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Land Use - Space

It is pretext that repairing Klingle Road will decrease "green space" -- the road already exists.  Repairing the washouts and fixing the drainage will not reduce the surrounding green space.

The claim that closing Klingle Road will benefit all of the residents of metropolitan Washington is specious, and is contradicted by the experience of the past ten years and from the endorsements we have received.  Closing the street benefits only a very few people whose property is located in the neighborhood near the restricted section of Klingle Road.

The public right of way is a very narrow strip of land (50 feet wide) -- turning this narrow right of way into a park will not prevent the abutting private landowners from developing their land, thereby ruining the park and its "green space."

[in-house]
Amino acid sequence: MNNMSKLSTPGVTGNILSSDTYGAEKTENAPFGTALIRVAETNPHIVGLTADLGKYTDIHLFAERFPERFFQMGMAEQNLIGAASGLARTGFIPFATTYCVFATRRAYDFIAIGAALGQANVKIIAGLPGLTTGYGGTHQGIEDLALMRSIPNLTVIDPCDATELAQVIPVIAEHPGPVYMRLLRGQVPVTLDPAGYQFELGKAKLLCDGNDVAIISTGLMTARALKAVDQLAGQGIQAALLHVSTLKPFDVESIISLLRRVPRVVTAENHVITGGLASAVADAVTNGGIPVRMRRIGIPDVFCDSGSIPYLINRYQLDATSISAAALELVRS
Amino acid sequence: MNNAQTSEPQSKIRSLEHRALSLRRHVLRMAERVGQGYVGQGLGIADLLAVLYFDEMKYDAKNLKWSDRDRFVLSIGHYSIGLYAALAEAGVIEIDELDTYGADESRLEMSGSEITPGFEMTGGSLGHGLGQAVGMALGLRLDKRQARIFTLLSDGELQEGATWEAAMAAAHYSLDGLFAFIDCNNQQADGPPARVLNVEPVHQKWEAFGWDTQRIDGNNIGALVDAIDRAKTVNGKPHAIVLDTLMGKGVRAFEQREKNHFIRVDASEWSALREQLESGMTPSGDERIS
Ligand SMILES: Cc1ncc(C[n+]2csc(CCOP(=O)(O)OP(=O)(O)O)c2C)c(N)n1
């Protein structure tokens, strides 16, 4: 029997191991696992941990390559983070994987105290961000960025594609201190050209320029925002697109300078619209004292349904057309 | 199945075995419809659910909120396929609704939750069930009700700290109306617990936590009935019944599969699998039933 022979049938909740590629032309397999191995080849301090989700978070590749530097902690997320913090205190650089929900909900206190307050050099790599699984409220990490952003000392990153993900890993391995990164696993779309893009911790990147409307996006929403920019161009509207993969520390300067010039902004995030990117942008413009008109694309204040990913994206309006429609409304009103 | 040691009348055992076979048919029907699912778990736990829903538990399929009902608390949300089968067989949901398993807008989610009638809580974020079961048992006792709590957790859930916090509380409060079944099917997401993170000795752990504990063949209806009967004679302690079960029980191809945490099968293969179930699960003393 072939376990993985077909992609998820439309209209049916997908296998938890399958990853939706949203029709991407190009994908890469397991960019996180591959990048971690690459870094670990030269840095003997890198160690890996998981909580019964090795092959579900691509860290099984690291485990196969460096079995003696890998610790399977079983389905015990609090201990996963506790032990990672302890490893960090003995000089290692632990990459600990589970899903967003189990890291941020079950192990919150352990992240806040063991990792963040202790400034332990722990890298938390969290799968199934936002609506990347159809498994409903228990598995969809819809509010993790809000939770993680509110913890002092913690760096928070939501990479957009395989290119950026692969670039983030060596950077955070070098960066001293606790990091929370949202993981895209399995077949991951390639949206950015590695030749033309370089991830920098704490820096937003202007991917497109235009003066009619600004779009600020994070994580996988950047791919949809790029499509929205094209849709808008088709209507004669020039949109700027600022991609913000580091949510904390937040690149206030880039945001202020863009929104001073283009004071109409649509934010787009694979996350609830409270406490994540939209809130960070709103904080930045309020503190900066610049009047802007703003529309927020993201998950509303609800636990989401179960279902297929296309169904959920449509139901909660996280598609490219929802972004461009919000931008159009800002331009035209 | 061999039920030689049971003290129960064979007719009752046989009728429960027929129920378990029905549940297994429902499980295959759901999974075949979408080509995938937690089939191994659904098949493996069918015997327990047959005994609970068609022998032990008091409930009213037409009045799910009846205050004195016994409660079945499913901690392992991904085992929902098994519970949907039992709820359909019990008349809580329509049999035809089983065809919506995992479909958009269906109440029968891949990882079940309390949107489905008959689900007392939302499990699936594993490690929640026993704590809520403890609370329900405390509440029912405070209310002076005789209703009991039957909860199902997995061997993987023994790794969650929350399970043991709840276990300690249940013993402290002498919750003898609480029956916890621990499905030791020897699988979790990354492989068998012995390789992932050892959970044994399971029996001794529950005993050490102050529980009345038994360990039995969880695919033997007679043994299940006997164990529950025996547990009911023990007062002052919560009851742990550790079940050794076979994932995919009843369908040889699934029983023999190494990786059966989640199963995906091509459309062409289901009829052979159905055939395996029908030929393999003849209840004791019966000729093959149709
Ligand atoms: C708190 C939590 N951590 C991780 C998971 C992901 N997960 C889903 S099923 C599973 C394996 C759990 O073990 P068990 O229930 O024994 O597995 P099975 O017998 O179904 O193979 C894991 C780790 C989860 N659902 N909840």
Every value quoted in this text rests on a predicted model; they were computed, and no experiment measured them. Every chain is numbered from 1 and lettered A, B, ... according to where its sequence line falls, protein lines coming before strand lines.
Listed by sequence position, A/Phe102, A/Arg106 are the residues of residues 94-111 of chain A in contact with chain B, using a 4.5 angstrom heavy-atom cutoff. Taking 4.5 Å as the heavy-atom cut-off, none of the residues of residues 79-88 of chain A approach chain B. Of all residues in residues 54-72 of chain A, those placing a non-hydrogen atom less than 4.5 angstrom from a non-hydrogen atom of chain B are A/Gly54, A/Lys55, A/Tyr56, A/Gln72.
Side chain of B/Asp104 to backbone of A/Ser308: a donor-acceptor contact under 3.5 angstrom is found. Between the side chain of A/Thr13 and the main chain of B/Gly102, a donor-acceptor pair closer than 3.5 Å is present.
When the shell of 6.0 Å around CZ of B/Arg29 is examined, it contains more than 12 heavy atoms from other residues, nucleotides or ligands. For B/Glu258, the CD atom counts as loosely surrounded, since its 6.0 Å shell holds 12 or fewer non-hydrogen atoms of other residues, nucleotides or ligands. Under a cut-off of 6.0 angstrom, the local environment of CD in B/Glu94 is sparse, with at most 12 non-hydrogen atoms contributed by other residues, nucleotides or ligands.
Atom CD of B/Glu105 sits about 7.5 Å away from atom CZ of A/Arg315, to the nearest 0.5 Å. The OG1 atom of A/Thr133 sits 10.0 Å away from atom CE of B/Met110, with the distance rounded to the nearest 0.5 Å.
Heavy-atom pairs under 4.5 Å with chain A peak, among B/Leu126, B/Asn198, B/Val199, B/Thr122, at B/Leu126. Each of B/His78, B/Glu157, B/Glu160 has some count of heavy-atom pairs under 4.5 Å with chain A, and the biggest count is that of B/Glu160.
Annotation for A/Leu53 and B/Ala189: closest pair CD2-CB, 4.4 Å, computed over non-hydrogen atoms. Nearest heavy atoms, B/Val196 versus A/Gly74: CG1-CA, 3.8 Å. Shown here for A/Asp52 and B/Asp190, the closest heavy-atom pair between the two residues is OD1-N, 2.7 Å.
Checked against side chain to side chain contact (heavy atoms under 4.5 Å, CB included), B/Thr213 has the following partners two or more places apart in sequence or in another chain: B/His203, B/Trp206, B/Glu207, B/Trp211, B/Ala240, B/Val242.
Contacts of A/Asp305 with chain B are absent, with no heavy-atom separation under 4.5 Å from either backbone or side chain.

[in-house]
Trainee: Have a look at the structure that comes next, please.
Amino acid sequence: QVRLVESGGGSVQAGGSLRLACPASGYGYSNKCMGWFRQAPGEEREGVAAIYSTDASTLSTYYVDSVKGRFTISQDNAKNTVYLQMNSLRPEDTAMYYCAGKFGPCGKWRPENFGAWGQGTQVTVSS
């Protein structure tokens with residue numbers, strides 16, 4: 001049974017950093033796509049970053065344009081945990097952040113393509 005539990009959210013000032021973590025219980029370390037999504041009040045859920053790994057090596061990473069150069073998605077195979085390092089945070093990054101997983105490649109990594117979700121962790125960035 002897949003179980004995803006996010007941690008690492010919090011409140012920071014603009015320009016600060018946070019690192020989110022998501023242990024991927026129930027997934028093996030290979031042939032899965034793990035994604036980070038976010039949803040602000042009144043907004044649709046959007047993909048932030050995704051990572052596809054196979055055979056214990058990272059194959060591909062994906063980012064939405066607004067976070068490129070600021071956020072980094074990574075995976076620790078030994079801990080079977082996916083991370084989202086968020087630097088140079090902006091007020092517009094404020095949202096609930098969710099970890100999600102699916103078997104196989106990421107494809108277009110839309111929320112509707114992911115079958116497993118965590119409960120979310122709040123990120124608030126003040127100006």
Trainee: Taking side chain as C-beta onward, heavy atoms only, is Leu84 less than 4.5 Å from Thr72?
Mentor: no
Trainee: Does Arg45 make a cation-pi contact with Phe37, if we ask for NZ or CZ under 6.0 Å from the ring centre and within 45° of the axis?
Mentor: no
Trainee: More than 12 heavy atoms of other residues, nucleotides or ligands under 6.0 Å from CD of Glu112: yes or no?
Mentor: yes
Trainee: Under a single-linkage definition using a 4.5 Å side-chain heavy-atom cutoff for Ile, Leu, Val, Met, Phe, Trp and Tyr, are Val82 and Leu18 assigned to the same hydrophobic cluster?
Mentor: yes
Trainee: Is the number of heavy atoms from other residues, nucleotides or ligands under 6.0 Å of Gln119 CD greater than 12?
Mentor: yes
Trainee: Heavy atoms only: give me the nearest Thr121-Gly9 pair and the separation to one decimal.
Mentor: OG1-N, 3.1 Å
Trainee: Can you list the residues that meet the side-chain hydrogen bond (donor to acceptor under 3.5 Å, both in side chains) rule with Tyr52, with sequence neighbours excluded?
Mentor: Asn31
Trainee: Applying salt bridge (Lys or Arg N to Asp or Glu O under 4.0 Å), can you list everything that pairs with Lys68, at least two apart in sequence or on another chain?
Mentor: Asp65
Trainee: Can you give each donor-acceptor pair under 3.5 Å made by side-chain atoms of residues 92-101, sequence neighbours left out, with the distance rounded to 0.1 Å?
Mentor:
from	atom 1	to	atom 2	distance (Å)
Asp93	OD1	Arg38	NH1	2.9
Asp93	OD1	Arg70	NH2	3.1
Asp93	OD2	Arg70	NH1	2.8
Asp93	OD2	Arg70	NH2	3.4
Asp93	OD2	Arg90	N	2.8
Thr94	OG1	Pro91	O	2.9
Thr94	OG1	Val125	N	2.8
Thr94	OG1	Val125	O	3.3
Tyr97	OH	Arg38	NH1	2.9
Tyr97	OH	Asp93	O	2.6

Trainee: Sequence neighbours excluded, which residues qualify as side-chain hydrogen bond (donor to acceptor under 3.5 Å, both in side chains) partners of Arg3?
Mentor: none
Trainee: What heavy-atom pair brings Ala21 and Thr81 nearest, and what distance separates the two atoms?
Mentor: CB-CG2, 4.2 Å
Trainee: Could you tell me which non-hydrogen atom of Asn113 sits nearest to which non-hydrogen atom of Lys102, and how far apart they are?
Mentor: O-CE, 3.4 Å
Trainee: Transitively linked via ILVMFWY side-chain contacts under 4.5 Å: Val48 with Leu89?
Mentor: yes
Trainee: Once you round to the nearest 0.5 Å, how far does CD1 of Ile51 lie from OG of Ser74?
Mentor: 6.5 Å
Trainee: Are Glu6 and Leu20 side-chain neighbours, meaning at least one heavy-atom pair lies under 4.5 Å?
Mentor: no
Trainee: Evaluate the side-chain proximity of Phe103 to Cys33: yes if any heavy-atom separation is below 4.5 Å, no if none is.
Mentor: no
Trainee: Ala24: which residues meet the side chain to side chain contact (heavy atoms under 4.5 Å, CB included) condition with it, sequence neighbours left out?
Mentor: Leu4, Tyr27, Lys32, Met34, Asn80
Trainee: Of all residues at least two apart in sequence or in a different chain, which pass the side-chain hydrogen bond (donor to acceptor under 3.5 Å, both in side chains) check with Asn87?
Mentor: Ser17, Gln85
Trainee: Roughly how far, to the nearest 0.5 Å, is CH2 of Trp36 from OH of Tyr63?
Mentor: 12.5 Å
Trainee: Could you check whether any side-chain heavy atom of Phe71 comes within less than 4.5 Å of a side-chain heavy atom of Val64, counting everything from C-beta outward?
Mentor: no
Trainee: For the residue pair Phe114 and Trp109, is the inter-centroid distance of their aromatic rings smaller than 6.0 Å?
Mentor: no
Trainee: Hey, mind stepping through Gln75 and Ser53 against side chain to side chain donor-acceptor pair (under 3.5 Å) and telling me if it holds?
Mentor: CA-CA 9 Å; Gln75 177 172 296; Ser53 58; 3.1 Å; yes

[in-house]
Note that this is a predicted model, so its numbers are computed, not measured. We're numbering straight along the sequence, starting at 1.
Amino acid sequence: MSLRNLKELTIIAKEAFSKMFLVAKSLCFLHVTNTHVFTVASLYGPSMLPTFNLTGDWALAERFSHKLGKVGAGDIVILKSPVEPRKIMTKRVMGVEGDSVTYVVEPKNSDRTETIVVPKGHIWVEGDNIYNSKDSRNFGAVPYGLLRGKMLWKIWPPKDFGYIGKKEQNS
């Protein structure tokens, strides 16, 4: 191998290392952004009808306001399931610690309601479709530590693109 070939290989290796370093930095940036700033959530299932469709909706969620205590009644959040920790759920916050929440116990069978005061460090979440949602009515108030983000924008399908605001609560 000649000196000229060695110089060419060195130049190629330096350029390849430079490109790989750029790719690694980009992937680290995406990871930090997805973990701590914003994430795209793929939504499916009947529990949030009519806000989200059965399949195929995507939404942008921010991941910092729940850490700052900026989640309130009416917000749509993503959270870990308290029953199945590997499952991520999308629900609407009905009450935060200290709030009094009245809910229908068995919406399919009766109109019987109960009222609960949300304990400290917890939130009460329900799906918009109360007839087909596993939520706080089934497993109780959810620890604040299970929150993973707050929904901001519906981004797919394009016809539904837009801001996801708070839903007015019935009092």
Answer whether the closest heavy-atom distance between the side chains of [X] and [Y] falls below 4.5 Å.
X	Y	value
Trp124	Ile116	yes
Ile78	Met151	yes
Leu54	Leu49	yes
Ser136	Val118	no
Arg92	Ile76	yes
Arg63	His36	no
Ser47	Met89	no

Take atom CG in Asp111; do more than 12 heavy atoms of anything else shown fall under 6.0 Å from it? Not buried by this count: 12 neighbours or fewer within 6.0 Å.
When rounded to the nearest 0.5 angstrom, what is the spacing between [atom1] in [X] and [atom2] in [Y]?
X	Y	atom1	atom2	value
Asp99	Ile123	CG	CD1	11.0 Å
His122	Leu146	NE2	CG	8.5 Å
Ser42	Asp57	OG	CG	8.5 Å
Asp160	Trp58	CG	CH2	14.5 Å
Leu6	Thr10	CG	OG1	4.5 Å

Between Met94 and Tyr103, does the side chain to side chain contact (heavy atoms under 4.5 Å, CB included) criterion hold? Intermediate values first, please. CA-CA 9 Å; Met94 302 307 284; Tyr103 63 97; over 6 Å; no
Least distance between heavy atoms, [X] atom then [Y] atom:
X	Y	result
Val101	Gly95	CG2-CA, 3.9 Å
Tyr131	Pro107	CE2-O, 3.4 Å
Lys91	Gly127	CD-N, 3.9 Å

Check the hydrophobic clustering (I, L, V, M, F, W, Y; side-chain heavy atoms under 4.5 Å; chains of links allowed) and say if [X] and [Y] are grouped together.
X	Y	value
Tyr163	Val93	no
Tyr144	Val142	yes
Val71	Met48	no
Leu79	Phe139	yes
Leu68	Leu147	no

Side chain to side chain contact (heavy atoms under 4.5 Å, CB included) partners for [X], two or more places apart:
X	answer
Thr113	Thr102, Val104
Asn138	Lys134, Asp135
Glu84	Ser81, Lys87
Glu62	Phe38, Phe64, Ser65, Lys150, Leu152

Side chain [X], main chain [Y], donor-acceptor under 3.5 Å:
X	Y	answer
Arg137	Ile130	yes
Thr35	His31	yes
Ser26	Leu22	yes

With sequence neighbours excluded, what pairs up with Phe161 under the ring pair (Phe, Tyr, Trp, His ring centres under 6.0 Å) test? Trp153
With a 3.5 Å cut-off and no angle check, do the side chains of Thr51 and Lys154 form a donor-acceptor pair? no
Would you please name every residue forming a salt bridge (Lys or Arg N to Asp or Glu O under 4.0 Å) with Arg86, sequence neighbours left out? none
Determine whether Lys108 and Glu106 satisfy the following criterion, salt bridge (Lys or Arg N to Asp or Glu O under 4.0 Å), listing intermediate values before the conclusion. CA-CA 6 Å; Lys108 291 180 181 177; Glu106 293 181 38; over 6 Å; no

The "park" proposal is rife with problems:  There is no parking for cars and buses.  It will be impossible to maintain without vehicular access.  The park will be inaccessible to emergency vehicles.  The restricted section of the right-of-way is one-half mile long, steep in places, and doesn't go anywhere -- very few besides the local neighbors use this "park."  The area is too steep for people to get themselves and their provisions to the proposed picnic sites.

Creating the park will require expenditure of significant public monies to address drainage problems, remove the roadbed, etc.  Without Federal funding, this will be very expensive for DC.

Many roads in the District are built along streambeds, including Piney Branch Parkway, Beach Drive, East and West Beach Drive, Beach Street, Broad Branch Road, Joyce Road, Normanstone Drive, Rock Creek Parkway, Canal Road, and G-W Parkway -- streambeds are common sense and traditional places to build roadways.

Klingle Road cannot be "returned" to parkland as some suggest -- the road preexisted Rock Creek Park for decades.

For additional information, please email support@repairklingleroad.org